The large number of digital color signals 60 is required because current LCD monitors can display 3-4 bits per color (red, blue and green) and thus require 9 or 12 bits of digital display for each display pixel. Soon LCD monitors which can display 6 or 8 bits per color will be available, thereby requiring 18 or 24 bits of digital display for each display pixel. Moreover, most LCD monitors require the simultaneous presentation of two pixels (even and odd), effectively doubling the number of bits (36 or 48) required for each display pixel. Still further, digital display synchronization signals (HSYNC line 62, VSYNC line 64, clock line 66, and DSPTMG (display timing) line 68) also connect the palette/transformation circuit 50 to the LCD monitor 44. Thus, up to 52 lines are needed to connect the palette/ transformation circuit 50 to the LCD monitor 44.

Accordingly, it is an object of the present invention to provide a standardized digital-to-analog and analog-to-digital conversion and transmission system which may be applied to either a CRT or LCD computer graphics system, to simultaneously reduce the required number of communications channels between the graphics system and either the LCD or CRT monitor, while improving the performance of the communications channels. In addition, it is an object of the present invention to provide such a system which will facilitate easy replacement of a CRT monitor with an LCD monitor. It is a still further object of the present invention to provide a standard interface between LCD monitors and computer graphics systems, in much the same manner as the 15 pin "D-shell" connector is the standard in the CRT environment.

SUMMARY OF THE INVENTION

A computer graphics and display system is provided, comprising (i) a graphics system for outputting a first plurality of digital color signals; (ii) a first digital-to-analog converter (DAC) for converting the first plurality of digital color signals into a second plurality of analog color signals, the second plurality being less in number than the first plurality; (iii) a first analog-to-digital converter (ADC) for reconverting the second plurality of analog color signals back to the first plurality of digital color signals; and (iv) an LCD display device for receiving the reconverted first plurality of digital color signals.

The graphics system also outputs a third plurality of digital display synchronization signals, including a horizontal synchronization signal, a vertical synchronization signal, a display timing signal, and a clock signal. A second DAC converts the third plurality of digital display synchronization signals into a single analog synchronization signal. A second ADC reconverts the single analog synchronization signal back to the third plurality of digital display synchronization signals.

The first and second DACs and the first and second ADCs are preferably implemented within the same integrated circuit (IC) chip. The first plurality of digital color signals comprises red, blue and green even pixels and red, blue and green odd pixels. Each color for both even and odd pixels is encoded onto a single pair of the first DACs by interleaving same color pixels onto the single pair.

BRIEF DESCRIPTION OF THE DRAWING

FIG. 1 is a schematic block diagram of a typical CRT computer system 10;

FIG. 2 is a schematic block diagram of a typical LCD computer system 40;

FIG. 3 is a first embodiment of the present invention;

FIG. 4 is a more detailed schematic of the digital-to-analog conversion (DAC) circuit of the system of FIG. 3; and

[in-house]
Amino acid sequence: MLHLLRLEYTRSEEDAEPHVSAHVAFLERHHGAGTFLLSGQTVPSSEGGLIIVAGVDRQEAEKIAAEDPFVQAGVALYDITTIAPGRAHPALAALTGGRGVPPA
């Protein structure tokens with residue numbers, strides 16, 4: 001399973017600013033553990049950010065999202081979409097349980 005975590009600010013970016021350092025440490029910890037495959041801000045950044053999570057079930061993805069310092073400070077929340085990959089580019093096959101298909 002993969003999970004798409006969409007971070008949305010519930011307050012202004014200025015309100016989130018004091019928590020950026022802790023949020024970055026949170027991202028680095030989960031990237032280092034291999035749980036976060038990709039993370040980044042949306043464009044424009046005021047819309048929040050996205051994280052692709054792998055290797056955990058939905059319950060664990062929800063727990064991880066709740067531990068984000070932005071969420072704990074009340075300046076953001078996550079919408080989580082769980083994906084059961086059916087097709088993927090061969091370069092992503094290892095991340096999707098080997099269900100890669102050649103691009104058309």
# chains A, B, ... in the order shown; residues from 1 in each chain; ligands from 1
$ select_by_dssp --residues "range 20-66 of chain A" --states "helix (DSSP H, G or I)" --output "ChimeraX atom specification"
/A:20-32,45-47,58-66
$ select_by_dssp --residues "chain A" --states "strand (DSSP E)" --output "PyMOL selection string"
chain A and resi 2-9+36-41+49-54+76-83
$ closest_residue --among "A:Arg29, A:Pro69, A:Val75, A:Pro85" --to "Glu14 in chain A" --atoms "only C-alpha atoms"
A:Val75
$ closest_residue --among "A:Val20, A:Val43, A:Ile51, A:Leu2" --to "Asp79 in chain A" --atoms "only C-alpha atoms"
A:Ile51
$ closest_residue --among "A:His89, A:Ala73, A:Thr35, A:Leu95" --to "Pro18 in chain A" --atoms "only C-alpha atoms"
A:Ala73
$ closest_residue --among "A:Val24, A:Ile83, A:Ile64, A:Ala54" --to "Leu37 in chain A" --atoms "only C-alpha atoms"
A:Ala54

FIG. 5 is a second embodiment of the present invention.

DETAILED DESCRIPTION OF THE PREFERRED EMBODIMENT

The present invention provides a system and method for efficient handling of video signals between a computer graphics system and an attached LCD monitor, by providing an efficient interface between the computer graphics system and the LCD monitor. The interface also permits interchangeability of LCD monitors with CRT monitors, and permits these devices to be connected to the graphics system by a considerable length of cable. The invention is implemented in hardware form within DAC and ADC circuitry at the graphics system end, or within video electronics at the monitor end of the system.

A first embodiment of an LCD system 70 constructed according to the principles of the present invention is shown in FIG. 3. Similar to the system shown in FIG. 2, the system 70 includes a computer graphics system 72 and an LCD monitor 74 (identical and therefore interchangeable with the LCD monitor 44 of FIG. 2). Unlike the systems shown in FIG. 2, however, the system 70 of FIG. 3 includes an interface 75 connecting the graphics system 72 with the LCD monitor 74.

The computer graphics system 72 comprises a graphics controller 76, a frame buffer 78, and a palette/transformation circuit 80. The palette/transformation circuit 80 comprises a demultiplexer 82, format logic 84, a palette memory 86, and a transform circuit 88. The demultiplexer 82, format logic 84, palette memory 86 and transform circuit 88 are similar to those corresponding circuit elements shown in FIG. 2 in connection with known LCD computer graphics systems. The input to both of the demultiplexers (52 in FIG. 2 and 82 in FIG. 3) is the output of a graphics memory frame buffer, and the output of both of the transformation circuits (58 in FIG. 2 and 88 in FIG. 3) is a 48 bit digital color video signal.

The interface 75 includes a first digital/analog converter (DAC) 90 and a first analog/digital converter (ADC) 92 connected by a connector having lines for carrying color signals 94. The interface 75 also includes a second digital/analog converter (DAC) 96 and a second analog/digital converter (ADC) 97 connected by connector having a line for carrying a display synchronization signal 98. The computer graphics system 72 connects to the first and second DACs 90 and 96, and the LCD monitor 74 connects to the first and second ADCs 92 and 97.